Internet-based mom & pop mail order shops, like mine, would be a viable solution. There are an infinite number of things that can be sold by mail order. Some require actual inventory, but some do not (drop ships & services). Amazon can't serve it all, and, besides, has never been that well-run. Not only is mail order a national market (by definition), but a savvy operator can pick up a considerable international trade. My business has traditionally been about 30% international.

Mail order, by definition, brings money into the community. I intend to move the family & biz to Lawrence next year. Because I bring money with me, I will be a net asset to the town. Admittedly, I'm not a very big asset, but few other citizens can claim to make the city richer.

But there's something else that's intrigued me. I sell specialized books by mail order, and, as it happens, a lot of the books I wanted to present to my customers were out of print. A lot of them were in public domain. What to do? Publishing is - or used to be - expensive.

But not any more. Scanners & desktop publishing programs, combined wth Print-on-Demand technology, can put a book into print for as little as $150. (Offset is in excess of $3000 per title.) You then buy only the copies you actually need, which is to say, lots of 10 or so. For Amazon, you drop ship. You've got to find the right POD printer to pull this off (I'm not going to shill for the one I use, and a lot of the others are thinly disguised vanity houses), but if you buy yourself 100 ISBNS (about $800) & get yourself 30-40 well-chosen titles in print, then in a couple of years you can pay your monthly mortgage. Another plus: The books are physically Made In America, by well-paid Americans.

DaveR 10 years, 10 months ago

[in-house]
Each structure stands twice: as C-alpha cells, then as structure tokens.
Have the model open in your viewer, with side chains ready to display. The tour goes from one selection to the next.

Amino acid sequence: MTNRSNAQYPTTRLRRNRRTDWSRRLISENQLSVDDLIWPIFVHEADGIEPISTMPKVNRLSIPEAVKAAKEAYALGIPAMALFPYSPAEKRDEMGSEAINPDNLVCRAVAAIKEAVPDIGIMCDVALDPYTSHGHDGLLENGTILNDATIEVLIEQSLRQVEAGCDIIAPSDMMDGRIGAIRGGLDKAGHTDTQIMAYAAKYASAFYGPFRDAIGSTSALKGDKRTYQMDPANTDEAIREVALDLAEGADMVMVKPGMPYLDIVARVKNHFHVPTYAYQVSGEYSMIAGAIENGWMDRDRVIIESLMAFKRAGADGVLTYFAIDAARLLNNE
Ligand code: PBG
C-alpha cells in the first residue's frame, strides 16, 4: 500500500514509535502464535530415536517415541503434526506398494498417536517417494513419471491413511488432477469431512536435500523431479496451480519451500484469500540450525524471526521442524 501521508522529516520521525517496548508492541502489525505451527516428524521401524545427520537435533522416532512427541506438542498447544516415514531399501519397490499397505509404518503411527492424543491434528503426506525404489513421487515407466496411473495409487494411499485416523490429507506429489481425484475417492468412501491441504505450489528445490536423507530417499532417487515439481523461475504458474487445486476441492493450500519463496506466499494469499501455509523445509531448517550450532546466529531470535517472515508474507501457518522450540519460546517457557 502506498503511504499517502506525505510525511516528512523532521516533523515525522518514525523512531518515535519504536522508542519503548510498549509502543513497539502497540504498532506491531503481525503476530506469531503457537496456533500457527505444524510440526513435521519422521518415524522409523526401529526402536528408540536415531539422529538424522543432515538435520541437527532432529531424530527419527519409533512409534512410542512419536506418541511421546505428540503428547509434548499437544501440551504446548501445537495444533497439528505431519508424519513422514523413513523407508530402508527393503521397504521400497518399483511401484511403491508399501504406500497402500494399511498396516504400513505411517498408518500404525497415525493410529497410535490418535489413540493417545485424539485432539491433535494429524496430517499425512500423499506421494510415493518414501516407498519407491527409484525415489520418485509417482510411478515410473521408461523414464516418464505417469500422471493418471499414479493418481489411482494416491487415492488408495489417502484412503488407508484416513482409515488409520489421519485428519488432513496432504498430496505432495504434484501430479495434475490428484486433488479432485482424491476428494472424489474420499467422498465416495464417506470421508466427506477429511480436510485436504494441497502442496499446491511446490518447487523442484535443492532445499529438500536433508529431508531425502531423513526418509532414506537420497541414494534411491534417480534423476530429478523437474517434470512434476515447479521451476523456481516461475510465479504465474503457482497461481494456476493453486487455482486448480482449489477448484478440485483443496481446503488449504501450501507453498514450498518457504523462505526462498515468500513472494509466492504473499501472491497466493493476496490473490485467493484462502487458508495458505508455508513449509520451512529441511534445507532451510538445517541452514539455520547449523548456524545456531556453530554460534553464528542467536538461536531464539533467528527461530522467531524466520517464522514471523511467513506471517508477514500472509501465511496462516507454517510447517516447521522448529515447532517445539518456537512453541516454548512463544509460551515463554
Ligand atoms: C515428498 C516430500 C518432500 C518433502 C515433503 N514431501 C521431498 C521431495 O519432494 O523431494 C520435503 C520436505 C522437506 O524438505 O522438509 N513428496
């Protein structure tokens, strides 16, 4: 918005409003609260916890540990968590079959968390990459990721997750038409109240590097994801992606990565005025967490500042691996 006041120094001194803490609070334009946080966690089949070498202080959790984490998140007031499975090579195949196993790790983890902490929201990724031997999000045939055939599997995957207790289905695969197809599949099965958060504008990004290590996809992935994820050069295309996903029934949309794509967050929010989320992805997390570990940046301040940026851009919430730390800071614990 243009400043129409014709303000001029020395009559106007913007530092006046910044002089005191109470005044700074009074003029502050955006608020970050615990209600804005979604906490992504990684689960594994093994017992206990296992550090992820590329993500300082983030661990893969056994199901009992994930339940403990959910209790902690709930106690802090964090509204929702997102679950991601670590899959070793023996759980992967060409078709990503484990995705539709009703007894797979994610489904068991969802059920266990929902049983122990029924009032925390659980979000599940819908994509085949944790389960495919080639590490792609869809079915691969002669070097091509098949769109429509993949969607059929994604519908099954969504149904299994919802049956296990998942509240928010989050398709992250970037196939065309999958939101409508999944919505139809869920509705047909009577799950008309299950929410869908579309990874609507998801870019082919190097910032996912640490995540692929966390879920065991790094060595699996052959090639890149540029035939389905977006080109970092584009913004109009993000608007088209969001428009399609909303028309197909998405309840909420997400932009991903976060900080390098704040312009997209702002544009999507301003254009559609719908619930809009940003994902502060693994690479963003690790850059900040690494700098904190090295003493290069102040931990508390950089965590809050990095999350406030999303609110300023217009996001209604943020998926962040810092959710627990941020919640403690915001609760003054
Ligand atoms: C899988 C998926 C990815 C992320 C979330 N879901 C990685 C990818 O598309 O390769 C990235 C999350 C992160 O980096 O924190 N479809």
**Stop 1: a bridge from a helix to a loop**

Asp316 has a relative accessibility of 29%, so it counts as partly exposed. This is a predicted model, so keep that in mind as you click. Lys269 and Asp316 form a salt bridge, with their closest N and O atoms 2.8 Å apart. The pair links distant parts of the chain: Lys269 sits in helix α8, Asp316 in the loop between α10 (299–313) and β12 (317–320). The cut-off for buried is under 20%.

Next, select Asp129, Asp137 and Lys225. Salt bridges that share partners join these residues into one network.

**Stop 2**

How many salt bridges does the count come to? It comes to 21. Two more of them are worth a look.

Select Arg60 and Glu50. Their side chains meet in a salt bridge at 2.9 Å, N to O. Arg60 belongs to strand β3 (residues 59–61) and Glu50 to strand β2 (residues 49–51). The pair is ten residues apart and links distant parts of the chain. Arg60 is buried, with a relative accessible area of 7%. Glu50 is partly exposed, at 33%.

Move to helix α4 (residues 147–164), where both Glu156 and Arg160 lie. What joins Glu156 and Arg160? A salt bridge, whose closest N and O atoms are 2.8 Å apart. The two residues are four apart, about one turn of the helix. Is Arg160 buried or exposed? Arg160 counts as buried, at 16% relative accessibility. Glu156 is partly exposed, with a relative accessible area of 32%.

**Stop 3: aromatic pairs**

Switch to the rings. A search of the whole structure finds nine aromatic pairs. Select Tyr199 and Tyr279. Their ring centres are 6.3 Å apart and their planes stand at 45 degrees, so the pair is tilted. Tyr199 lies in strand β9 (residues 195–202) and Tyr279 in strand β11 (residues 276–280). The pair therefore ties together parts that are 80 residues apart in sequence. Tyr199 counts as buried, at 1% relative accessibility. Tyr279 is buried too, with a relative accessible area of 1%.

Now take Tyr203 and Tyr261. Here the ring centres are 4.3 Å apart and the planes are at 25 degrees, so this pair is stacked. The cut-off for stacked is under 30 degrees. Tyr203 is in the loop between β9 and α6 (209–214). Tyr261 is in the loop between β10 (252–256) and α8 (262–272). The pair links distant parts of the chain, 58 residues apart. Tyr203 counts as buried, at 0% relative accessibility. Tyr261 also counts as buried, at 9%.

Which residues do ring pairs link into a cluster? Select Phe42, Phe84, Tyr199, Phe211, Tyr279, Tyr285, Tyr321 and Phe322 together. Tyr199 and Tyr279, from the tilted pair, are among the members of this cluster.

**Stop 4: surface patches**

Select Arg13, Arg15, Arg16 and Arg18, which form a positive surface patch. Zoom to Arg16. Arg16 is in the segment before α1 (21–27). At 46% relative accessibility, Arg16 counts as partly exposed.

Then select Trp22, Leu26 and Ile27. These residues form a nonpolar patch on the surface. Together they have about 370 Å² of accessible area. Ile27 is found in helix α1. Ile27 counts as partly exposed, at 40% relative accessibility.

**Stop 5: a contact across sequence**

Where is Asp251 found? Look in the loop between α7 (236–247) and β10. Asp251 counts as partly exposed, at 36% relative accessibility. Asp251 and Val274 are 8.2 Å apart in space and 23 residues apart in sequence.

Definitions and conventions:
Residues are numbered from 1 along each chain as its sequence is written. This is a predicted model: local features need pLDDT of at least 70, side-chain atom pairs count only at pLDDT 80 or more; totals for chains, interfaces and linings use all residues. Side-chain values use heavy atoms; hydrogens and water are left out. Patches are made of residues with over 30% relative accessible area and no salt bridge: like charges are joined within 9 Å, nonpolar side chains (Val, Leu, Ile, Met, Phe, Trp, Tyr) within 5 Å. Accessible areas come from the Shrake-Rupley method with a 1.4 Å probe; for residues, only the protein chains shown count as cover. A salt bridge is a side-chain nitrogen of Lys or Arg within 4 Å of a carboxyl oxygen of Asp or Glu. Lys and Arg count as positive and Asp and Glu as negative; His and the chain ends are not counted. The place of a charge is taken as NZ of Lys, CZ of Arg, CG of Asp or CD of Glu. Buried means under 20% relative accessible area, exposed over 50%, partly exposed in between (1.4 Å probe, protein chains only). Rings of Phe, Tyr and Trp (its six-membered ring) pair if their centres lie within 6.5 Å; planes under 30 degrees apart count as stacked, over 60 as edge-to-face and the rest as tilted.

Here is Part 2:

I mention this particular dodge as Lawrence is an ideal place for it. Overall education levels are fairly high. There are a number of outstanding libraries close by. (Borrow the book, scan it & you're done.) ALL books published prior to 1915 are generally regarded as public domain, so with them there's no copyright to worry about. (Books from then to now have to be considered individually, but on the other hand, royalties to authors are just another cost of doing business.)

Lawrence scores in another sense, in that successful students often, over the next decade or two, find members of their extended families have moved into the Lawrence area. This is true of my own family, which had no connection to NE Kansas before I made the journey to Lawrence in the 1970's. This kind of small-press publishing is ideal for that sort of extended family.

With not much effort, Lawrence could become the small press capital of America. As a small press mecca, Lawrence would have an effective tool to fight poor employment, it would profit from the money brought into the community (all big box stores, by definition, extract money from the town), it would nicely compliment the University, it would be a cultural feather in its cap.